Janet Clattenburg isn't buying that response. 

Laurie Clattenburg says he has trouble walking down his driveway when the area is covered in water. (Janet Clattenburg)

"I'm afraid they're wrong," she said. "I'm totally amazed that they said that. I mean, I've got pictures of what it used to look like.

"I want it fixed. Fast. I'm tired of this — just tired of arguing with them."

Monica MacNeil, who has lived on the road for 26 years, said flooding has never really been a concern, until now.

"My property has puddles and the beginning of water streaming down my driveway, which would not really have happened before," she said.

It's also seeping into a property next to the Clattenburgs where a new home is being built.

Neighbouring properties affected

Greg Clattenburg, Janet's brother-in-law and the contractor who's building the house, said the project has been put on hold until the water recedes. 

"The equipment would just sink out of sight and then you'd have to use excavators and things to pull the equipment out," he said. "And you'd end up with big ruts and you'd have to repair all this and possibly damage the municipal road which you'd be responsible for."

While he said the area occasionally flooded before, it never used to be this bad.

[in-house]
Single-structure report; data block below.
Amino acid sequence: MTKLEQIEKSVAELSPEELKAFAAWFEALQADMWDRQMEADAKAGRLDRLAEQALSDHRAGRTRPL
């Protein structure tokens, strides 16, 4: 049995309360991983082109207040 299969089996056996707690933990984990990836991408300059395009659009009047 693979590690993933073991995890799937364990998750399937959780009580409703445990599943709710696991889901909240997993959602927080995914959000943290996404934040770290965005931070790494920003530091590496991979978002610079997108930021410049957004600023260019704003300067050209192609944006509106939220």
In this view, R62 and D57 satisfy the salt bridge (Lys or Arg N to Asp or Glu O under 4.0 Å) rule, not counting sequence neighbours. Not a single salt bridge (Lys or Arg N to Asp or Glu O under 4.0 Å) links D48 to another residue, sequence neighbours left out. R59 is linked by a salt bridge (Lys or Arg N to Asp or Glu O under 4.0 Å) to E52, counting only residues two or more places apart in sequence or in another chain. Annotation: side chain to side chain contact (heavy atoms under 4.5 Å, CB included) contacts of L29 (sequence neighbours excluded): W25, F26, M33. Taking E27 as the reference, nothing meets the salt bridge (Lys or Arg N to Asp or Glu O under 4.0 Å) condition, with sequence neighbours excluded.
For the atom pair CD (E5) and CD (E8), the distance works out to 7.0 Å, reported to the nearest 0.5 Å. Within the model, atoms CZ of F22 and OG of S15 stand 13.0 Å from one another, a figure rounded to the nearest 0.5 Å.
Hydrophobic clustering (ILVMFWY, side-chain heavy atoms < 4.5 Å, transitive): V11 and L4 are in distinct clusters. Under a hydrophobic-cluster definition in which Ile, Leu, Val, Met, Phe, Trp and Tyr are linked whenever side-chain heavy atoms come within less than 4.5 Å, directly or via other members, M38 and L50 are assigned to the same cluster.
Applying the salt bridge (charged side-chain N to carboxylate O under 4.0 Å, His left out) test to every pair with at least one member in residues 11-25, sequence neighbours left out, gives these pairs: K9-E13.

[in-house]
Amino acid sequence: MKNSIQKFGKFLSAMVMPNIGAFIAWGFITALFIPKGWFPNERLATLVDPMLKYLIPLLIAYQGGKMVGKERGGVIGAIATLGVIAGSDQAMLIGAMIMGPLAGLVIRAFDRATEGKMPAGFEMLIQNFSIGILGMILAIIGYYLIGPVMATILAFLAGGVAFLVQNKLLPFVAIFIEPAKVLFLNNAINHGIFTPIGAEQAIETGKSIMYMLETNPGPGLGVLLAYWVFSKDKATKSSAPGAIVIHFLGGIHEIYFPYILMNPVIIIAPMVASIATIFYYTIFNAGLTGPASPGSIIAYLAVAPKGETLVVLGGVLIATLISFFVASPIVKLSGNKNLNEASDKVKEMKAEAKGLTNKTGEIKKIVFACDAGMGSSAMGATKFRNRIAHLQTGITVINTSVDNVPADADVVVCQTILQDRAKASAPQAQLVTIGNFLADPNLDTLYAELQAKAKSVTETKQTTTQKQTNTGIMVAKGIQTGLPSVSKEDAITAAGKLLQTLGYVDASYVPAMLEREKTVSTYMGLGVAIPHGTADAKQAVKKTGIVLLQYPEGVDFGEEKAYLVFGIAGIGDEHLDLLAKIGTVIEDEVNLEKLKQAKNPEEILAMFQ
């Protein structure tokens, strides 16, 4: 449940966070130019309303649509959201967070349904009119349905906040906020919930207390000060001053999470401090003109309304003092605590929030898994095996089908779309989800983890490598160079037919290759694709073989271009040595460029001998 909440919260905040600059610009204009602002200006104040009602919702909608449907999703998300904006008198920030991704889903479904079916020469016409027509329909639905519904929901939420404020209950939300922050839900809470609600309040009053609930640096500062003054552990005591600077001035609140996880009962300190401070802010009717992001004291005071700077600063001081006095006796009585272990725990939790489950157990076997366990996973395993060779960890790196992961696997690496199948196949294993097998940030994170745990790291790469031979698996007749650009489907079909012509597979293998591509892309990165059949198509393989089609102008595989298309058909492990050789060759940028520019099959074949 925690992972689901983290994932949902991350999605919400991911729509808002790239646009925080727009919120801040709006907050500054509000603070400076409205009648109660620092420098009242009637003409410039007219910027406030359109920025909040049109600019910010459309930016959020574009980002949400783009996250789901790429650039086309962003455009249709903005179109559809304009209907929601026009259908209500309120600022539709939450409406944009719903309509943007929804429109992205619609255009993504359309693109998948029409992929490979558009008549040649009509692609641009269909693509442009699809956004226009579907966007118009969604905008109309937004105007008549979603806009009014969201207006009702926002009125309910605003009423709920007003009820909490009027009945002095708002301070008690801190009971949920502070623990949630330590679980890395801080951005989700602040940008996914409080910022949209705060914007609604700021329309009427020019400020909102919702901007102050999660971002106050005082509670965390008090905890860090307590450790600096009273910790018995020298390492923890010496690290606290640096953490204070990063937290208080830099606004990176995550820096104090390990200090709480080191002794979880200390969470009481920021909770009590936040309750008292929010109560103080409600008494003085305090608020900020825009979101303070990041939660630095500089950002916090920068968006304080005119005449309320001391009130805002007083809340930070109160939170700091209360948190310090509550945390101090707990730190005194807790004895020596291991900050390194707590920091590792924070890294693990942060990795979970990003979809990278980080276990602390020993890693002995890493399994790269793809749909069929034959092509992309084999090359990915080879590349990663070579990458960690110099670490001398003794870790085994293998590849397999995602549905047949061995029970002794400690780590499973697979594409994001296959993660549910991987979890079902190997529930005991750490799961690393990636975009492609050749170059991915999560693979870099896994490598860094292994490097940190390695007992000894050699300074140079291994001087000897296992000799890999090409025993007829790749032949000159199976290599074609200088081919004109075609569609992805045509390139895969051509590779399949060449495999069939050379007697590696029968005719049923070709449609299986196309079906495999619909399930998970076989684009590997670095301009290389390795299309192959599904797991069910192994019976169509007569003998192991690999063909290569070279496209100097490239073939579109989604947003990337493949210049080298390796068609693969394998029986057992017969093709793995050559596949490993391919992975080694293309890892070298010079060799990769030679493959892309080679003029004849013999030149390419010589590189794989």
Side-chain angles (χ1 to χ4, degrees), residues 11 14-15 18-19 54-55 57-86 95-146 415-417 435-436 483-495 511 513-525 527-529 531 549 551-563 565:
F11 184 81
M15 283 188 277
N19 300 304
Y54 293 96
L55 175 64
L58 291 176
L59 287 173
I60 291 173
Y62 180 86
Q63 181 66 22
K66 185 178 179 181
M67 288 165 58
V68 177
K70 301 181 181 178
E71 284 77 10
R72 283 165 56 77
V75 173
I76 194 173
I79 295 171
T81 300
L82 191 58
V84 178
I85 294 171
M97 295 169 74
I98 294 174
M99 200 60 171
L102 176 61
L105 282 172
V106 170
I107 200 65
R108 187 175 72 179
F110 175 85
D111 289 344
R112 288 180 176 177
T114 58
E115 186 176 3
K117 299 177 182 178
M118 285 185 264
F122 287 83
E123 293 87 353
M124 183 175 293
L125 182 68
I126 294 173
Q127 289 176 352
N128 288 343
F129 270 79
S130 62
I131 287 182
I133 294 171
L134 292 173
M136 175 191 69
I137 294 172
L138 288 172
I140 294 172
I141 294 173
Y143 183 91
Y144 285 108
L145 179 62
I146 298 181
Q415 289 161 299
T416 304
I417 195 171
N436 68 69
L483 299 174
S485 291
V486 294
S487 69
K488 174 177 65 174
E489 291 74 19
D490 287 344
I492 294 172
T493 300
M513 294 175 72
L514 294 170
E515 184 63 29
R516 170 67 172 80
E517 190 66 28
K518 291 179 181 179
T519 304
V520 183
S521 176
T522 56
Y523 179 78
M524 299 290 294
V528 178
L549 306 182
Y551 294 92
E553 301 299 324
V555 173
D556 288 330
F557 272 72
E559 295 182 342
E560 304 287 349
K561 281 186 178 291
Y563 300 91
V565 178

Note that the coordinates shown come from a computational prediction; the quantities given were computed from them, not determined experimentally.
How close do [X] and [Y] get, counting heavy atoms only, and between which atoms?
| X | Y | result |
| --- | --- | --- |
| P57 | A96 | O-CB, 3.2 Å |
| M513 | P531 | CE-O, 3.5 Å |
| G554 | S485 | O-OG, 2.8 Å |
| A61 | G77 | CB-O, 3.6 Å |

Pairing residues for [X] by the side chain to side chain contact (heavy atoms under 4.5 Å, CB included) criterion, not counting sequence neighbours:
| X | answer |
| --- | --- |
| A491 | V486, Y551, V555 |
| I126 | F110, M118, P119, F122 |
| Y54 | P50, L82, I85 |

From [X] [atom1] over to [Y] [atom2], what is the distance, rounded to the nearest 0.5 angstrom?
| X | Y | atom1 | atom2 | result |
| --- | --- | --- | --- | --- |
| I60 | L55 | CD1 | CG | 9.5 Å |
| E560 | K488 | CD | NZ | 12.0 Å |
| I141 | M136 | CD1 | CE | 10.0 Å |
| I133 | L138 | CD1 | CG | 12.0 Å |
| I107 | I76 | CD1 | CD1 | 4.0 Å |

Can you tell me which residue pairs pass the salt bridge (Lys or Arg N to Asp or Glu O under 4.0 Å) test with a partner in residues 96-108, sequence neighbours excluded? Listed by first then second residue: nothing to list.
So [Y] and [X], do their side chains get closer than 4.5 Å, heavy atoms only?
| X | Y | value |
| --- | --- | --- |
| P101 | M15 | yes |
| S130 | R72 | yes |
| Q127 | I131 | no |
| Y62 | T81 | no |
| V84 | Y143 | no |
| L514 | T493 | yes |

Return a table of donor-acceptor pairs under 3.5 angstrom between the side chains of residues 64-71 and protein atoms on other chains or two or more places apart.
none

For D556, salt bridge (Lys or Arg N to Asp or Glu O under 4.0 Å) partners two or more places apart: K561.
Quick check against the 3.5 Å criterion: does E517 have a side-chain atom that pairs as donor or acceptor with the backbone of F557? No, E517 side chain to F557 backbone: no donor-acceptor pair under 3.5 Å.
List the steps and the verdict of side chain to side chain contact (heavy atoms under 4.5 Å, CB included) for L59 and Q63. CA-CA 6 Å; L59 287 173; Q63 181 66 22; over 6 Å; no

When the water freezes, the area turns into a skating rink. (Janet Clattenburg)

Kim Masland, the Progressive Conservative MLA for Queens-Shelburne, said she's made repeated calls to the Department of Transportation and Infrastructure Renewal on the Clattenburgs' behalf.

"I don't care what the [problem] is, but fix it and fix it today so that this couple is not dealing with trying to have to mitigate damage to their house all the time," she said.

Road conditions, especially in rural Nova Scotia, are at the top of the list of complaints her office receives, but she doesn't get many calls like this.  

"This is something that is actually impacting and damaging someone's personal property. This to me is a whole new level," she said.

The couple says their yard has flooded about five times since last fall. (Janet Clattenburg)

The department thanked members of the community for bringing the issue to their attention. "We thank them for their patience as we work to prioritize a number of projects. We hope to have a resolution to this issue soon," the department said. 

But the Clattenburgs aren't holding their breath. They've heard that before. 

Laurie Clattenburg suspects it's easy to put the project off when it's on the "very small road in the middle of nowhere."

"My little street is only about a mile and a half long, and they don't care," he said.

About the Author

Emma Smith

Reporter

Emma Smith is a journalist from B.C. who has covered rural issues and Indigenous communities. Before joining CBC Nova Scotia in 2017, she worked as the editor of a community newspaper. Have a story idea to send her way? Email emma.smith@cbc.ca